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News from the Case Foundation and what people are talking about this week in the world of giving, tech and everything in between.
Much of the conversation this week centered around the report released by the Giving USA Foundation, which found that donations to charitable causes in the United States reached an estimated $307.65 billion in 2008, a 2 percent drop in current dollars over 2007, and the first decline in giving in current dollars since 1987. In her coverage of the report, Stephanie Strom of the New York Times points out that "Even with the steep drop, charitable giving remained strong. Last year’s giving outstripped all previous years on record except 2007, though the outlook for next year remains uncertain." In a much blogged-about post on the report, Sean Stannard-Stockton at Tactical Philanthropy observes:
Charitable giving behaved more or less as it normally does when the economy sours. This is, by most measures, the worst recession in a very long time and so we’re seeing charitable giving get hit. But it is only declining in line with the way it normally behaves.
Things are tough, but there was no apocalypse.
Another exciting announcement this week came from Kiva, which officially launched in the U.S. this week. As reported by the Associated Press, "Kiva will let needy U.S. small businesses vie for funding alongside a melting pot of cash-starved entrepreneurs that includes everything from a Cambodian fisherwoman to a Moldovan butcher to a Bolivian taxi driver." Good Morning America featured a great segment on the Kiva U.S. launch and Britt Bravo at the Have Fun, Do Good blog wrote about her experience making her first Kiva loan to an American entrepreneur, observing:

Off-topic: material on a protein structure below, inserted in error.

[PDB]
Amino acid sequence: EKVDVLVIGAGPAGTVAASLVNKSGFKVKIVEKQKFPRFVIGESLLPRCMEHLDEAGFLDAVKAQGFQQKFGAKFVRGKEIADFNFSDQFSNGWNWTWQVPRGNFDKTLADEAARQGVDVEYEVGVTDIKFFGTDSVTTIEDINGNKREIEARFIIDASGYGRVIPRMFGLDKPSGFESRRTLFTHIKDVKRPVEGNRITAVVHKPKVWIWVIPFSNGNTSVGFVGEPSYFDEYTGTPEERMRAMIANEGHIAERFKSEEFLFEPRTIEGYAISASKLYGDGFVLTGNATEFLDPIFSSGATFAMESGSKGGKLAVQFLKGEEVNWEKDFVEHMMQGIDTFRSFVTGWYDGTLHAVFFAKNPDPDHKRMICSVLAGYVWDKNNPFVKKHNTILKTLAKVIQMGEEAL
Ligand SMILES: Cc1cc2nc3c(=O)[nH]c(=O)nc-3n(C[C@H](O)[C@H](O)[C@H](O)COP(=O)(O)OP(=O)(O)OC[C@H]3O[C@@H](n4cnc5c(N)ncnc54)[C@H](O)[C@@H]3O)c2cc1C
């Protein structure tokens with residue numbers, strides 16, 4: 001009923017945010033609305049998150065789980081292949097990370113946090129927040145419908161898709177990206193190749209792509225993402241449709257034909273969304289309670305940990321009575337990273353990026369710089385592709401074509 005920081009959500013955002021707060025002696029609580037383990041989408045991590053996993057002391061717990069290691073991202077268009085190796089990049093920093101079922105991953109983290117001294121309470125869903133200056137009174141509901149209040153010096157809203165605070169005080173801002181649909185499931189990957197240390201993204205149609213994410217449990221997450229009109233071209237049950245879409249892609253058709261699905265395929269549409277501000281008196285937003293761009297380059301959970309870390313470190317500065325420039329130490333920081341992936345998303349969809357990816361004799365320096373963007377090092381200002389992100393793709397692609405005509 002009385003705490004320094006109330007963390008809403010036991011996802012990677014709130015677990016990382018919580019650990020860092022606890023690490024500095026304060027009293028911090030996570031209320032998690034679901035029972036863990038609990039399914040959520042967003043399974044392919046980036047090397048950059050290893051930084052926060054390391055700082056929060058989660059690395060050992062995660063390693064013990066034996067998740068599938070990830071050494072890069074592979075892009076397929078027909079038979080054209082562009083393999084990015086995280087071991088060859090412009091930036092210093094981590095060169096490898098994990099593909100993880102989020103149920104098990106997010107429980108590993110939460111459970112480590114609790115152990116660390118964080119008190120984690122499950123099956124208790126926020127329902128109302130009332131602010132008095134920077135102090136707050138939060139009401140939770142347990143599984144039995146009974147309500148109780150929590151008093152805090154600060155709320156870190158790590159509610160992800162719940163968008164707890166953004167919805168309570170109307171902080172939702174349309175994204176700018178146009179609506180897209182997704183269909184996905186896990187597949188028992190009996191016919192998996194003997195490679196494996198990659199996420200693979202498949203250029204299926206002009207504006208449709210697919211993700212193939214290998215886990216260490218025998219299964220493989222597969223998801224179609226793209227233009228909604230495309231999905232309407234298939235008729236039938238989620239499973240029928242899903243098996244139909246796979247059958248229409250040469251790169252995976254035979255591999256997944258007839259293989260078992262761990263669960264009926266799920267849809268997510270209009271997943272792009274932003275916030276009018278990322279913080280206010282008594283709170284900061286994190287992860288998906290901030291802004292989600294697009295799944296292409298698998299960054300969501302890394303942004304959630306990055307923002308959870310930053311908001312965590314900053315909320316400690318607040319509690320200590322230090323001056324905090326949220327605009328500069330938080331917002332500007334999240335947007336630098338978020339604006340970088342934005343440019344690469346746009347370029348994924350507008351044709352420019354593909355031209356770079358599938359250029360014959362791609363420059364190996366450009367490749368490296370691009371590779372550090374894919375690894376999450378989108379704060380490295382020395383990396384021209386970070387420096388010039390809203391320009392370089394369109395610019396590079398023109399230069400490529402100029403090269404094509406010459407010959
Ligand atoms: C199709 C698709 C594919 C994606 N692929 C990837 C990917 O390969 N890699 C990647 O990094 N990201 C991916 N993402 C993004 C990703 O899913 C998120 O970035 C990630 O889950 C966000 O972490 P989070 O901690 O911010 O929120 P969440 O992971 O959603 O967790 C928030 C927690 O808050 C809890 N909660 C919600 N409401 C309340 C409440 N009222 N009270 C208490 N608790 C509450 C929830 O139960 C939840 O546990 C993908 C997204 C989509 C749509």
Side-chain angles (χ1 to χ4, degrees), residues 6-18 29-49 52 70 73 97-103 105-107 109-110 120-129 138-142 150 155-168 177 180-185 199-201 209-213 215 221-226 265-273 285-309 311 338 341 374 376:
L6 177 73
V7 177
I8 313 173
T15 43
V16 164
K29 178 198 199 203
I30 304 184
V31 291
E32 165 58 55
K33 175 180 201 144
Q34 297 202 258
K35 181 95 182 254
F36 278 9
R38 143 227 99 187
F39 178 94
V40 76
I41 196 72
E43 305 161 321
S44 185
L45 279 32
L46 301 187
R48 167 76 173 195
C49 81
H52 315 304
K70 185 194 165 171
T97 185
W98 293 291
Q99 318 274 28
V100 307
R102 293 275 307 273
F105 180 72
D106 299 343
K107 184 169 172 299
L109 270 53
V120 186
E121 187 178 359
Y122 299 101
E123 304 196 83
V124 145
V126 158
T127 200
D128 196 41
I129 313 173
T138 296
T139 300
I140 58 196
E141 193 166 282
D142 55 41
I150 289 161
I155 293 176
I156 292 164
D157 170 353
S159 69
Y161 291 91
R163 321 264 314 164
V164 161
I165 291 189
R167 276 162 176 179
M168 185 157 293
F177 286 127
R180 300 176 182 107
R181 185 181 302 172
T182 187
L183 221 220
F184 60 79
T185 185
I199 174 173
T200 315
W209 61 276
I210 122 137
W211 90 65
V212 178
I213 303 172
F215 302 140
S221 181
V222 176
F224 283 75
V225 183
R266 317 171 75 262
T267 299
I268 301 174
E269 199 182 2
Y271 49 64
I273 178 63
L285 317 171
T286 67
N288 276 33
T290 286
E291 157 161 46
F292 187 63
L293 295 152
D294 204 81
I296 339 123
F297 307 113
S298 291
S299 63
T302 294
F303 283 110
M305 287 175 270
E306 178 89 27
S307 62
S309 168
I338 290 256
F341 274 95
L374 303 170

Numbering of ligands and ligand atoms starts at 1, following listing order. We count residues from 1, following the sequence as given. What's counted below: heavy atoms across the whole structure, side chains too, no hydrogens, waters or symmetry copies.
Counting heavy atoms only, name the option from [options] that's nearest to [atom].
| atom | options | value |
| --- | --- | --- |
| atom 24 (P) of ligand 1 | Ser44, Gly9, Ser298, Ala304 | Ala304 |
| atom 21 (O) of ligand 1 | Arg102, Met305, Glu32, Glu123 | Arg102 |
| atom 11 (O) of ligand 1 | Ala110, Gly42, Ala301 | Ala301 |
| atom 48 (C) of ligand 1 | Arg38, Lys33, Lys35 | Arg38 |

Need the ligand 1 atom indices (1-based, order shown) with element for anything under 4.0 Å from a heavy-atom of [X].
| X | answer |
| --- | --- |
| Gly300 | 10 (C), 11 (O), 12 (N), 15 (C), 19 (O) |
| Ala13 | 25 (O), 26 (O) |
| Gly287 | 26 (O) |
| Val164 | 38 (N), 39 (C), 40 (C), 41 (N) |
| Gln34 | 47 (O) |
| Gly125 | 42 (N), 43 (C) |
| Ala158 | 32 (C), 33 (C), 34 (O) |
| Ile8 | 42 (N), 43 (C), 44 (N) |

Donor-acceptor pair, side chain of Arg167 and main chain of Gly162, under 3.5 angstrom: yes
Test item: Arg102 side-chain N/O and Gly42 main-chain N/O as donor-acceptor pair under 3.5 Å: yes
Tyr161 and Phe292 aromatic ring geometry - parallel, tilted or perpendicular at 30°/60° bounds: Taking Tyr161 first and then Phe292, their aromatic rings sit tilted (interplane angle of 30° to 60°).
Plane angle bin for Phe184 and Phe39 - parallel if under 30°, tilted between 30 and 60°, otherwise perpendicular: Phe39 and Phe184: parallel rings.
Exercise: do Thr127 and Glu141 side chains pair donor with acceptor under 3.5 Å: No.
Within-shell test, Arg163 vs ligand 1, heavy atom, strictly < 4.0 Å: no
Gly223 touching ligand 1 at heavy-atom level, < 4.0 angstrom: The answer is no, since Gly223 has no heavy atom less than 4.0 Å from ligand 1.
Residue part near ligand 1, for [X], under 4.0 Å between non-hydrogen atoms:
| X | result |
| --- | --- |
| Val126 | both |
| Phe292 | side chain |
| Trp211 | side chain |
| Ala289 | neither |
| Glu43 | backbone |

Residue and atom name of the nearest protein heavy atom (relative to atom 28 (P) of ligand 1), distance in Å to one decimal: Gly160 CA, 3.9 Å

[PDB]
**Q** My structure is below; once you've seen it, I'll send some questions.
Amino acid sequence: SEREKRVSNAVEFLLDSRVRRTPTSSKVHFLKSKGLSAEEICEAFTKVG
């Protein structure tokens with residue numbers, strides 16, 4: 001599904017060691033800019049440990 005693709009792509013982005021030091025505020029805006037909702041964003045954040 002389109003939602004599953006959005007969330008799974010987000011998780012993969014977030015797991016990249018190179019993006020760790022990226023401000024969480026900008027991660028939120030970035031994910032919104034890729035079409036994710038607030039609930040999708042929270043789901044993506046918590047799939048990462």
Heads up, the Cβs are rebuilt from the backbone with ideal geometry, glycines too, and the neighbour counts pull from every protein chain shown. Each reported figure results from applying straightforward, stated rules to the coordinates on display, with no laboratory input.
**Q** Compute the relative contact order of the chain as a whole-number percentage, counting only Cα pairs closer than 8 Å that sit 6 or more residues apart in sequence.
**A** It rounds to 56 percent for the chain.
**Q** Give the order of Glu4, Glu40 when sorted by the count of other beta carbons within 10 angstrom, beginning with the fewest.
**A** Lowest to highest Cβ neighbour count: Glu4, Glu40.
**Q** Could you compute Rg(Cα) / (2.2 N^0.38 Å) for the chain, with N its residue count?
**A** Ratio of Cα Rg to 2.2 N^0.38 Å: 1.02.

I'm excited about this new service first, because I'm sure more American entrepreneurs than ever could use help getting their businesses started, and second, because it makes the program less one-sided--Americans helping people in the developing world--to people helping people, wherever they live.
Late this week, we learned a bit more about All for Good, a new "Craigslist for service" which launched in alpha on Friday. Arianna Huffington of the Huffington Post reports:
The site, which is still in its infancy (you can check out its first, early iteration here), brings together listings from a variety of service organizations (and after the White House puts the call out, I'm sure many more will be signing on) to help people from all over the country connect to volunteering opportunities in their area that are meaningful to them.
Craig Newmark of Craigslist, who has been part of the team creating All for Good also announced the launch on his blog, and Suzanne Perry of the Chronicle of Philanthropy also has an in-depth story on the upcoming launch.
This week's announcement from Facebook that it will make usernames / vanity URLs available beginning midnight Friday generated quite a bit of buzz this week and sparked numerous discussions about the advantages and disadvantages of the announcement. Mashable's Benn Parr has a good overview of the positives and negatives of Facebook usernames and Caroline McCarthy of CNET News developed a useful guide on what the ability to create vanity URLs on Facebook really means for users.